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The Guardian: New Met chief faces urgent task to rebuild public trust

Sir Mark Rowley becomes leader of the Metropolitan police knowing its problems are so severe, with public confidence so low, that failure to reform may make him the last commissioner of the force as we know it, writes Vikram Dodd. Already there is renewed talk of taking away the Met’s status as the national lead for counter-terrorism so that it can better focus on serving London’s communities. And the Met commissioner is the only police chief answering to two bosses – the London Mayor and the Home Secretary. Source: New Met chief faces urgent task to rebuild public trust | The Guardian

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BBC News: Muslims describe abuse suffered at work

Islamophobia Response Unit, a London-based charity that helps Muslims facing discrimination based on religion, says people are being bullied and harassed at work because they express themselves as Muslims. The Unit told the BBC that Muslims have had prayers mats stolen, been verbally and physically assaulted (one man’s colleagues had “physically pulled on his beard”), and one woman had bacon placed in her lunchbox by colleagues when she came to break her fast while working during Ramadan. Source: Islamophobia: Muslims describe abuse suffered at work – BBC News

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The PROP Expert View: Prevent is a tool for a new secular authoritarian future

Prevent’s “pre-crime” “risk-based” legal architecture delivered in the name of “keeping us safe” will bring an authoritarian future. Since the introduction of Prevent, the number of “non-violent” terrorism (itself an oxymoronic term) offences have increased – and we can expect more of them.Prevent continues to operate within, and sustain, its own legal hinterland – both in terms of criminalisation and generating activity in a newly defined “pre-crime” space. To justify such developments, a campaigning political landscape as opposed to a landscape of good governance is required and is indeed, being vigilantly fostered. We hear legal experts saying that the problem with Prevent and other policies lies firstly – and crucially – in their legality under British due process, as well as their common sense. But these are opinions are being ignored. Into this steps Islamophobia as a kind of “wedge” issue behind which the government has been able to gather […]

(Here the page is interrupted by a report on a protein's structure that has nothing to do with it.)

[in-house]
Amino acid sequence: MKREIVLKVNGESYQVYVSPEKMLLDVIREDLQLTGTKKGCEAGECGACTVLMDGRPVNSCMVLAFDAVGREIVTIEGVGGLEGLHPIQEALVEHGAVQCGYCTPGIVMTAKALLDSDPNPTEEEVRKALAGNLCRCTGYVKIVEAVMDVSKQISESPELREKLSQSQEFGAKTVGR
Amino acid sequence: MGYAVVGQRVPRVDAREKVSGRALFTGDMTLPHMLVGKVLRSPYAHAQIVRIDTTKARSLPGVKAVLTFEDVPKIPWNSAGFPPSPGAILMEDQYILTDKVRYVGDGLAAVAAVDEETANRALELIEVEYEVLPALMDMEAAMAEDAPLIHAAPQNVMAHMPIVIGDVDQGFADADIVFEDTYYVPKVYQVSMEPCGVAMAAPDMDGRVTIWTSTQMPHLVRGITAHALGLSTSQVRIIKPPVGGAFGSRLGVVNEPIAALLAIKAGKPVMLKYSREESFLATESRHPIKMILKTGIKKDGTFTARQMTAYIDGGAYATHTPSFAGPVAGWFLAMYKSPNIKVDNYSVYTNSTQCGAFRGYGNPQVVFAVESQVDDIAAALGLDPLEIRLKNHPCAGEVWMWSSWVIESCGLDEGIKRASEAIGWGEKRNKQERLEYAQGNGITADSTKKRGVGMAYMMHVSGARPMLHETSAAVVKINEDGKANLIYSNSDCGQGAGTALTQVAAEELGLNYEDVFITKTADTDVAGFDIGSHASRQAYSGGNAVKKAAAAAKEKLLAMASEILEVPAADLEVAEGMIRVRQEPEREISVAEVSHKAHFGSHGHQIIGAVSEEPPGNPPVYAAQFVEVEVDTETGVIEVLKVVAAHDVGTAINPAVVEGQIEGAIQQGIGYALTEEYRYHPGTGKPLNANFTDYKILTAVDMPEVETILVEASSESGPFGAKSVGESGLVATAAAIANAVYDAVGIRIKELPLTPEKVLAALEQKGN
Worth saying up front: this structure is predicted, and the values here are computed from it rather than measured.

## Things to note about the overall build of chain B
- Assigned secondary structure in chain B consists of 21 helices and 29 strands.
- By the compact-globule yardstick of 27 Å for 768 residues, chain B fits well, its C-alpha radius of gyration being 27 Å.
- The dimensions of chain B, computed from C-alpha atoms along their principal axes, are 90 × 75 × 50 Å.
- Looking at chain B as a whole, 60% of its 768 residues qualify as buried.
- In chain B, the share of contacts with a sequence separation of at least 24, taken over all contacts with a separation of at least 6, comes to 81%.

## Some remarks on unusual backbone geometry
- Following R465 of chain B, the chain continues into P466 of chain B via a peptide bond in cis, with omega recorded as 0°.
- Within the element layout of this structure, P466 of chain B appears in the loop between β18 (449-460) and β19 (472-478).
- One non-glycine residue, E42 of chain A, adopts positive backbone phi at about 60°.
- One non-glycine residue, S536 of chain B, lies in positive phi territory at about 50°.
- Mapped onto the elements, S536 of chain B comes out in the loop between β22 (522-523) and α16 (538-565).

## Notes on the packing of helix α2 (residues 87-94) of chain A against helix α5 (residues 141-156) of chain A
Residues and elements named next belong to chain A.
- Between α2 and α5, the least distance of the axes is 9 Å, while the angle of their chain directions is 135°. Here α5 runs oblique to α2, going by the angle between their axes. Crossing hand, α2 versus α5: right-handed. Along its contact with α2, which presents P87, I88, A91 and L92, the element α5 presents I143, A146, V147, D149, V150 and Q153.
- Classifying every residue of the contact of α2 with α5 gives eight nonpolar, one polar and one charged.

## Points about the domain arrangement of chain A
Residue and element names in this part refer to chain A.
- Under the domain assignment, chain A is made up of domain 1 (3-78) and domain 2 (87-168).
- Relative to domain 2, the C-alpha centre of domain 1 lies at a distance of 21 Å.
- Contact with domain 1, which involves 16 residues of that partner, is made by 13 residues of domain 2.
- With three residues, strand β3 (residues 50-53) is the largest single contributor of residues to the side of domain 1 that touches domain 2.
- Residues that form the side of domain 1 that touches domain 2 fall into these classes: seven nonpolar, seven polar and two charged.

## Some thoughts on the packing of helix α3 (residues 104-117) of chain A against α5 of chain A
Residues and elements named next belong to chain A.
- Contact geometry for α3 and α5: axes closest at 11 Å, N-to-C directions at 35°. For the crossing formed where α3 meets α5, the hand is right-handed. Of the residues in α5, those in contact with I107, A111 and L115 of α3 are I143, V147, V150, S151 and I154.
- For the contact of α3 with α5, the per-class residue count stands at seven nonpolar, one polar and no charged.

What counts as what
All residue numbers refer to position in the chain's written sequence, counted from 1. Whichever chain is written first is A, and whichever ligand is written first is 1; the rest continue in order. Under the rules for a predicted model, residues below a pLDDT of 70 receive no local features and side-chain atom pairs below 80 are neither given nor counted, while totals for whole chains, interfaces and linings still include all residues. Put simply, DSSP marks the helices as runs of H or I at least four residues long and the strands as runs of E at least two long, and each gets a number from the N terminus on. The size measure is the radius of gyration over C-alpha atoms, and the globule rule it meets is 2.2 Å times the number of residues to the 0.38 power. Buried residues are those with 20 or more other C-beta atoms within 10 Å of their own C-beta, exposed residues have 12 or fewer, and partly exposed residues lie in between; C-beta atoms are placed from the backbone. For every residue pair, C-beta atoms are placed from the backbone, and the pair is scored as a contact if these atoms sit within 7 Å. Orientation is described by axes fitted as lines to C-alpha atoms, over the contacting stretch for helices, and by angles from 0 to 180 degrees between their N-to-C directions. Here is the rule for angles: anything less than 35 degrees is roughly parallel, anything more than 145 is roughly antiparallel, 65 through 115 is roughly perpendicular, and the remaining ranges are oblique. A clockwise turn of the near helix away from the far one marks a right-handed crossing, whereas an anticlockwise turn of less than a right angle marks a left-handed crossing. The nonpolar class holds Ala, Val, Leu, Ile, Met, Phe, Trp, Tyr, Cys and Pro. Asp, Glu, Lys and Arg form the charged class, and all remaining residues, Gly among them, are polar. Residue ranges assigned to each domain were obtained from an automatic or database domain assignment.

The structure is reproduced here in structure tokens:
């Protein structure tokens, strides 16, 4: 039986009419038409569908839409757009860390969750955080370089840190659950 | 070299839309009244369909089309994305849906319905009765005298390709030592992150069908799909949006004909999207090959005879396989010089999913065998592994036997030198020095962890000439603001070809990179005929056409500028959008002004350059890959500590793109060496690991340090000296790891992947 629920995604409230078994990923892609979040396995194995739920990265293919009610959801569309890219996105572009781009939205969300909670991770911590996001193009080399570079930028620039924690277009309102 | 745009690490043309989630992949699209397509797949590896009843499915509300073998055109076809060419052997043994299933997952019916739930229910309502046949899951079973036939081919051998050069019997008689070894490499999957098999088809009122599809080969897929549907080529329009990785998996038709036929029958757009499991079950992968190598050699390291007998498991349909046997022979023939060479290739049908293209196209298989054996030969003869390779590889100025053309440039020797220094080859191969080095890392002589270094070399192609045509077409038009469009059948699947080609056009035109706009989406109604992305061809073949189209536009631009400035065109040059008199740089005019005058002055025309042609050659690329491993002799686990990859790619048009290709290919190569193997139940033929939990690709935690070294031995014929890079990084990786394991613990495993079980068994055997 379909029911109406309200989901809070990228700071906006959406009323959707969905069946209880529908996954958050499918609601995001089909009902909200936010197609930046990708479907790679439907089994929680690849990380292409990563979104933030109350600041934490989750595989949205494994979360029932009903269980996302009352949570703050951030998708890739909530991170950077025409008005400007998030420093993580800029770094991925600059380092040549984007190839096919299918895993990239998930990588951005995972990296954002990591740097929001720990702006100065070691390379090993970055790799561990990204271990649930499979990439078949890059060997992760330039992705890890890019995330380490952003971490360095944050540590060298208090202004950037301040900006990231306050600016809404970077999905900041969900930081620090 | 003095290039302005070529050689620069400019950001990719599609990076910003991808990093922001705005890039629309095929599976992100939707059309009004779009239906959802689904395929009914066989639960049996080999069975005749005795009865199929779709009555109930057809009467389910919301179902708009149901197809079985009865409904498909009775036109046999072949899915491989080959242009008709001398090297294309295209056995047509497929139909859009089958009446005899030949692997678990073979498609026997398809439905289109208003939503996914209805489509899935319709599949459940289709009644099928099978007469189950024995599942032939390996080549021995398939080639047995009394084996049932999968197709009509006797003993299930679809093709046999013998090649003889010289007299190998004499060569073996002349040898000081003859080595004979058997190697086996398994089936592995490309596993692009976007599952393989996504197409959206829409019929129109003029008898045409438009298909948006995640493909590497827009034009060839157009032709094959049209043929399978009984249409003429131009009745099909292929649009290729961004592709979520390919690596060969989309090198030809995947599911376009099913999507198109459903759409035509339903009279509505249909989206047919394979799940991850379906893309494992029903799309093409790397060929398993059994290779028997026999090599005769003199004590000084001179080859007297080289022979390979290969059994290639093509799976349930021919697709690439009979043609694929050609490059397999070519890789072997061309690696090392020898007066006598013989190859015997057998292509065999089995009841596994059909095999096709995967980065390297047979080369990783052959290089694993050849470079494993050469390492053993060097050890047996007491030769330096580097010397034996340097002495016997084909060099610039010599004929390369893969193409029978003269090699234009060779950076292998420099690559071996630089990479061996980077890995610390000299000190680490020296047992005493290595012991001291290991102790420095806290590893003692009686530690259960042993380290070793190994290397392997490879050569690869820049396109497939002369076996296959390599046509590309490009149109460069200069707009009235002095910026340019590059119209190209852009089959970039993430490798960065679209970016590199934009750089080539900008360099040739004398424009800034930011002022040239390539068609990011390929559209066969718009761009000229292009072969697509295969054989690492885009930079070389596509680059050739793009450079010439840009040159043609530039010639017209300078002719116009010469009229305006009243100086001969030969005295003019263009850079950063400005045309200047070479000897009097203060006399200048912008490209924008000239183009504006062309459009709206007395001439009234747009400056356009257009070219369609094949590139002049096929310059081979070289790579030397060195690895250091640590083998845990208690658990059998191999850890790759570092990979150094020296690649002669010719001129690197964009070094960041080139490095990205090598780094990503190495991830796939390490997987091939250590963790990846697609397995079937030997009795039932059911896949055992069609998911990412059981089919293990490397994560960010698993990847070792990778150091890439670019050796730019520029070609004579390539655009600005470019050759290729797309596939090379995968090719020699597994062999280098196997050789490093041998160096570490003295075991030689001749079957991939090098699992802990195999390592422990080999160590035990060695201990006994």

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Declassified UK: Manchester bomber was a UK ally

Manchester bombing accused Salman Abedi and his closest family were part of Libyan militias benefiting from British covert military support six years before he murdered 22 people at the Manchester Arena in 2017. He was 16 at the time, reports Mark Curtis. The UK facilitated the flow of arms to Libyan rebel militias at the time, and helped train them, in a programme outsourced to its close ally, the Gulf regime of Qatar. This echoes claims by the legal team representing families of the deceased in the Manchester bombing, who have suggested that the bomb was due to a failure of the security services to act, and family members have accused Mi5 of ‘obfuscation and cover up‘ . Source: Manchester bomber was a UK ally

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The New Arab: How Prevent impacts Muslims’ access to UK’s public health

22 June, 2022 – COVID-19 brought to light the widespread racial inequity in the UK’s public health sector, compounded by the poverty crisis, social housing issues, and the air pollution crisis. The past two years stressed the importance of access, trust, and care in public health services for racially minoritised communities in Britain that have been disproportionately impacted by the pandemic. However, as long as Prevent exists in the NHS, these crucial cornerstones of healthcare will remain out of reach for the Muslim community. Source: How Prevent undermines Muslims’ access to UK’s public health

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Johnson’s attacks on ‘lefty lawyers’ are childish and sinister

David Renton explains how the government has attempted to justify its Rwanda policy in the press and through attacks on lawyers. Instead of letting refugees settle here, Boris Johnson intends to force them to live in central Africa. The main justification of the Rwanda scheme is that it is so unpleasant that it will scare refugees and dissuade others from following them, so that the number of people coming to Britain will fall. But the focus here is not on the ridiculousness of the scheme as such, but rather the way the government has attempted to justify it in the press through attacks on left-wing lawyers. Source: Johnson’s attacks on ‘lefty lawyers’ are childish and sinister | Morning Star

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